A real-life story from someone who has volunteered to write a feel good story for us.
How hospitals have an effect on mental health, empathy, kindness and emotional anguish. Kaz* tells us a story that can make you feel both emotional and also evoke good feelings about real humanity. Happy reading!
So, I had been poorly since Christmas with a bad chest infection which turned into pneumonia and then pleurisy. By February I was still in lots of pain with my chest and couldn’t breathe very well.
My doctor sent me to the CCU…critical care unit, to have some test’s done.
I absolutely hate hospitals as I have high sensory issues so the smells and noises have a huge effect on me. I was there from 1pm and had various scans and tests done. At 8pm the results came in… I had fluid around my heart!
I was told I had to stay there overnight so they could keep an eye on me and then have a specialist see me in the morning…this was a Friday! Obviously, I wasn’t happy but had to stay.
The noise in critical care was unbearable. I was given some earphones and luckily had my pad with me but could still hear everything going on. I didn’t sleep at all that night.
The unit was full of people in the same position as me…rushed in for tests etc. One lady was quite upset and wished she had bought a book with her so I lent her mine as I had packed a few essentials in my bag (just In case). She was so grateful.
In the morning I found my nice hand cream and the lady next to me told me it smelt nice, so naturally I offered some to her and on getting up I decided to cream the hands of all the ladies that wanted it done…. which was quite a few.
I waited all morning to no avail and later found out I had been forgotten by the specialist.
They transferred me up to the cardiac unit and said I would have to stay another night…. another noisy night coming up!
My husband and kids came in with everything I needed which was good as I needed to wash and change!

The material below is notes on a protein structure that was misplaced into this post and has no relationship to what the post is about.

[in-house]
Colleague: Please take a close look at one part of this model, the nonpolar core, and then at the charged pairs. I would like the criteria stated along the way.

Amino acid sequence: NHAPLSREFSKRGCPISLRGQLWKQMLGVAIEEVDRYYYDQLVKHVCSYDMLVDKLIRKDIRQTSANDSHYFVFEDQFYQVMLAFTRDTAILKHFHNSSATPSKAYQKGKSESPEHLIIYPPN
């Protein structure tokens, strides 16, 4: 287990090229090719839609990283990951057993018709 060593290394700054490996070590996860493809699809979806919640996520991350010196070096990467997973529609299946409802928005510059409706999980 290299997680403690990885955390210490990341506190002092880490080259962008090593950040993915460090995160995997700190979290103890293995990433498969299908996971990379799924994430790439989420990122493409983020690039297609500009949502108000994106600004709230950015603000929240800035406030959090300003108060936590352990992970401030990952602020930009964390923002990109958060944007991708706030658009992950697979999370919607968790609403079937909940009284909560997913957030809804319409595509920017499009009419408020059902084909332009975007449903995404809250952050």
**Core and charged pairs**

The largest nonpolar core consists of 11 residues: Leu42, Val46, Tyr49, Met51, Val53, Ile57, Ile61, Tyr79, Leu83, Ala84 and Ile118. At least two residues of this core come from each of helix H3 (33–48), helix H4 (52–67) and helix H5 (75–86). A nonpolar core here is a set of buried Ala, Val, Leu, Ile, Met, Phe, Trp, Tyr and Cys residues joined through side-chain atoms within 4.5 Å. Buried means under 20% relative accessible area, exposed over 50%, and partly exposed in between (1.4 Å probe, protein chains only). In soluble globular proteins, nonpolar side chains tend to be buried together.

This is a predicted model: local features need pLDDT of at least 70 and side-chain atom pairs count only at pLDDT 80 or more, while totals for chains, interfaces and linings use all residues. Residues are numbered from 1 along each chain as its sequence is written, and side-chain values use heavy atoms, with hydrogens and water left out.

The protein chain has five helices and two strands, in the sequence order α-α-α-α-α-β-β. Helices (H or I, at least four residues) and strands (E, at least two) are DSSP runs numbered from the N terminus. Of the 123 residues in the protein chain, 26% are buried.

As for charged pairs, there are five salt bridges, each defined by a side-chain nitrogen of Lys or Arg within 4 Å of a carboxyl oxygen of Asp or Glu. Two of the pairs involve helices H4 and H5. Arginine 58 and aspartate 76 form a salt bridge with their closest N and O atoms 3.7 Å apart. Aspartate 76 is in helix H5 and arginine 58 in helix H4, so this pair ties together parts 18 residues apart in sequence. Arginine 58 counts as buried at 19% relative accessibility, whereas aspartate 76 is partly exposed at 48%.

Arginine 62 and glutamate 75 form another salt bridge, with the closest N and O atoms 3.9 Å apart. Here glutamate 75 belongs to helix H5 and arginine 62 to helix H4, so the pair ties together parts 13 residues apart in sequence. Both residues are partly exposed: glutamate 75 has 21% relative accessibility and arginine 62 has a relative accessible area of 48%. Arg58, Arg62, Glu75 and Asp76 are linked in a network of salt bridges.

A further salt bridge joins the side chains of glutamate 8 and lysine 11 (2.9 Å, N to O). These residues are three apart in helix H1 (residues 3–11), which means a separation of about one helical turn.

I was in the cardiac unit for 5 days as I was diagnosed with Pericarditis and they didn’t want to let me go until they were sure there was nothing else going on. Even with sleeping pills I couldn’t sleep as the noises and smells drove me insane.
It wasn’t just the noises of all the machines it was other people snoring and moaning in pain…just horrible. I found myself pacing the ward at 3am most nights.
As much as I was climbing the walls, in loads of pain and so tired I found the experience very thought provoking.I met some amazing people…patients and nurses.
The staff in there were amazing. They couldn’t be more helpful and cheerful. One nurse even sang songs with me every day. They were always short staffed but you wouldn’t have known!
I also met some lovely ladies in my ward.
Two stuck out.
The first was a lady who clearly had dementia…the nurses were so busy it went undetected for a while … until I told them a few things that had me convinced. They then made sure she wouldn’t be going back to her home alone.
She thought I was her daughter in law and I played along as I didn’t want to upset her and get her more confused.
I felt compelled to help her. I shouldn’t have kept getting up to help but the nurses were so busy and the lady was distressed most of the time.
The other lady that I was compelled to help and talk to lots was nearing the end of her life. She was a great character, an ex-army wife who had spent time in Germany. She loved her funny shows and music so we had lots in common despite the 30 year age difference.
It seems wherever I go I am drawn to people that need help. I’m an Empath so it’s impossible for me to ignore people wanting and needing help.
So even though I hadn’t slept and was in pain I found joy everyday with these strangers. It’s an experience I will never forget.
I was going to go back and visit Pam the lady nearing the end of her life but due to the pandemic I couldn’t so I’m sat here wondering if she’s still alive.